Also, in theory, if the mission of the MCOs were to provide top-quality, medically necessary, behavioral health care services for all Medicaid recipients in need within its catchment area, as the MCOs often tout, then, theoretically, the MCOs would decrease administrative costs in order to provide higher quality, beefier services, increase reimbursement rates to incentivize health care providers to accept Medicaid, and maybe, even, not build a brand, new, stand-alone facility with top-notch technology and a cafeteria that looks how I would imagine Googles’ to look.

Here is how Cardinal’s building was described in 2010:

This new three-story, 79,000-square-foot facility is divided into two separate structures joined by a connecting bridge.  The 69,000-square-foot building houses the regional headquarters and includes Class A office space with conference rooms on each floor and a fully equipped corporate board room.  This building also houses a consumer gallery and a staff cafe offering an outdoor dining area on a cantilevered balcony overlooking a landscaped ravine.  The 10,000-square-foot connecting building houses a corporate training center. Computer access flooring is installed throughout the facility and is supported by a large server room to maintain redundancy of information flow.

The MCOs are not private companies. They do not sell products or services. Our tax dollars comprise the MCOs’ budget. Here is a breakdown of Cardinal’s budgetary sources from last year.

Cardinals budget

The so-called “revenues” are not revenues; they are tax dollars…our tax dollars.

78.1% of Cardinal’s budget, in 2014, came from our Medicaid budget. The remaining 21.7% came from state, federal, and county tax dollars, leaving .2% in the “other” category.

Because Cardinal’s budget is created with tax dollars, Cardinal is a public company working for all of us, tax paying, NC, residents.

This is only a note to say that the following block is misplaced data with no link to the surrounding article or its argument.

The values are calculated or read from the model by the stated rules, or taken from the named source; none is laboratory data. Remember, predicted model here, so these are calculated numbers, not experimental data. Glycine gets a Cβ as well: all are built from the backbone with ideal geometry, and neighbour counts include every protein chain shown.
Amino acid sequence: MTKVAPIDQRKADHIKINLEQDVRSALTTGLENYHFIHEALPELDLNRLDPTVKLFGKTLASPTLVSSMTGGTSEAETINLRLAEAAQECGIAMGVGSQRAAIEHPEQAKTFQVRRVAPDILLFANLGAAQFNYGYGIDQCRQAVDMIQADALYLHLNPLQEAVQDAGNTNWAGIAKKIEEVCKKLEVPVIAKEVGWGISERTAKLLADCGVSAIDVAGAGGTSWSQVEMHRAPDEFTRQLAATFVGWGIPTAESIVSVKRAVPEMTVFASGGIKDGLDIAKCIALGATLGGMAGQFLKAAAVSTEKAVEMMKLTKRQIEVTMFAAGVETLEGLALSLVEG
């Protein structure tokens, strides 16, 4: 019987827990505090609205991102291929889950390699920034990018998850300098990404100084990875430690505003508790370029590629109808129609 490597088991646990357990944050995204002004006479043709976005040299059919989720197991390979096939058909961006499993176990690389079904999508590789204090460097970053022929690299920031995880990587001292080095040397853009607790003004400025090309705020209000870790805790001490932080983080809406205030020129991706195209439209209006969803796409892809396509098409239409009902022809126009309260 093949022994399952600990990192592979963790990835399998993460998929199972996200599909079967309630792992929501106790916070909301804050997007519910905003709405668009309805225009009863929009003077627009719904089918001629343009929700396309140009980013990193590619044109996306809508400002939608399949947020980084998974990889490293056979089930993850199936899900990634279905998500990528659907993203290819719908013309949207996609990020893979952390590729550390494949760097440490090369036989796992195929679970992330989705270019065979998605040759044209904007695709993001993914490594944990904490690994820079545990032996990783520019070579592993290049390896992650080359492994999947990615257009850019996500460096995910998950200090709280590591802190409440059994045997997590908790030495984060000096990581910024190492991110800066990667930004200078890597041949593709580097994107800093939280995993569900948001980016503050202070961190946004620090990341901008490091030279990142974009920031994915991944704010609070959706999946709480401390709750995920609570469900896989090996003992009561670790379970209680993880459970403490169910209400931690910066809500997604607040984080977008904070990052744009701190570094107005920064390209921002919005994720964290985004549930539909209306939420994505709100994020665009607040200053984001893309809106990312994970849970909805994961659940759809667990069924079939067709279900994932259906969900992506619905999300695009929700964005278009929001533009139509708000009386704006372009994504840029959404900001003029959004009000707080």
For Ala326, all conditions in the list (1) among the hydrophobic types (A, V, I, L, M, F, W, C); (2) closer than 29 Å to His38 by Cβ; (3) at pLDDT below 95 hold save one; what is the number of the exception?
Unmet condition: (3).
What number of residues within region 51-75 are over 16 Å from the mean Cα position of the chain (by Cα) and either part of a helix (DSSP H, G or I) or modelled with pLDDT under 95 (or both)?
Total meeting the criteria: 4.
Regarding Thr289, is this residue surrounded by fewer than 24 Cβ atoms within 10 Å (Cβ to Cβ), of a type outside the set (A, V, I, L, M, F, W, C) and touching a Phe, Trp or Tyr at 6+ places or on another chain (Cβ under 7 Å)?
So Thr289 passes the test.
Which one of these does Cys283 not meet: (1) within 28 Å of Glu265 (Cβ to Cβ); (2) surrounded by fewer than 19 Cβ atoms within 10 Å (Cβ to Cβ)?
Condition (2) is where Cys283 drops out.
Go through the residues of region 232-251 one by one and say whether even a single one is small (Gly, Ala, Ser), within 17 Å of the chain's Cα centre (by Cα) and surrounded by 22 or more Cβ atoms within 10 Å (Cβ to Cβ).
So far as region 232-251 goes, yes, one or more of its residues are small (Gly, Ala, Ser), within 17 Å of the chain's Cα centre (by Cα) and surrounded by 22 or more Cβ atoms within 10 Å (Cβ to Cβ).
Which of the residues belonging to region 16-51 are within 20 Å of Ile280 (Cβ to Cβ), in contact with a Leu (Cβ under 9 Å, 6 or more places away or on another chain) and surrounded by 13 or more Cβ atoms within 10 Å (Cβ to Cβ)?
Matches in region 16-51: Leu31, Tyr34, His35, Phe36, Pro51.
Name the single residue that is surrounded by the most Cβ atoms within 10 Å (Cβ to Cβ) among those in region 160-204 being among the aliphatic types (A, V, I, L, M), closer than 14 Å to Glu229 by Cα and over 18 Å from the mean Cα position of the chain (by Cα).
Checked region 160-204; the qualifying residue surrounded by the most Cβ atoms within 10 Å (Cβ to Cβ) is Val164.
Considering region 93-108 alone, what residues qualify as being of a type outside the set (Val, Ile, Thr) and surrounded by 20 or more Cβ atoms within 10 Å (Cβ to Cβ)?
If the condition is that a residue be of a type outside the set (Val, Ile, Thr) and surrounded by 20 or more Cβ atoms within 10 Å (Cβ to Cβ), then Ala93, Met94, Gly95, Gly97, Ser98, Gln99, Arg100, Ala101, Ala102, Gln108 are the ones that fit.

When we hear that Tim Cook, Apple’s CEO, received $9.22 million in compensation last year, we only contributed to his salary if we bought Apple products. If I never bought an Apple product, then his extraordinarily high salary is irrelevant to me. If I did buy an Apple product, then my purchase was a voluntary choice to increase Apple’s profits, or revenues.

When we hear that Cardinal Innovations paid $424,975 to ousted CEO, Pam Shipman, over and above her normal salary of $400,000 a year, we all contributed to Shipman’s compensation involuntarily. Similarly, the new CEO, Richard Toppings, received a raise when he became CEO to increase his salary to $400,000 a year. Again, we contributed to his salary.

A private company must answer to its Board of Directors. But an MCO, such as Cardinal, must answer to tax payers.

I work very hard, and I expect that my dollars be used intelligently and for the betterment of society as a whole. Isn’t that the purpose of taxes? I do not pay taxes in order for Cardinal to pay its CEO $400,000.

For better or for worse, a large percentage of our tax dollars, here in NC, go to the Medicaid budget. I would venture that most people would agree that, as a society, we have a moral responsibility to ensure that our most vulnerable population…our poorest citizens…have adequate health care. No one should be denied medical coverage and our physicians cannot be expected to dole out charity beyond their means.

Hence, Medicaid.

We know that Medicaid recipients have a difficult time finding physicians who will accept Medicaid. We know that a Medicaid card is inferior to a private payor card and limits provider choice and allowable services. We know that certain services for which our private insurances pay, simply, are not covered by Medicaid. Why should a Medicaid-insured person receive sub-par medical services or have more difficulty finding willing providers, while privately insured persons receive high quality medical care with little effort?  See blog or blog.

Part of the trouble with Medicaid is the low reimbursements given to health care providers. Health-care consulting firm Merritt Hawkins conducted a study of Medicaid acceptance rates which found that just 45.7 percent of physicians are now accepting Medicaid patients in the U.S.’s largest 15 cities and the numbers worsen when you look at sub-specialties.

The reimbursement rates are so low for health care providers; the Medicaid services are inadequate, at best; and people in need of care have difficulty finding Medicaid physicians. Yet the CEO of Cardinal Innovations is compensated $400,000 per year.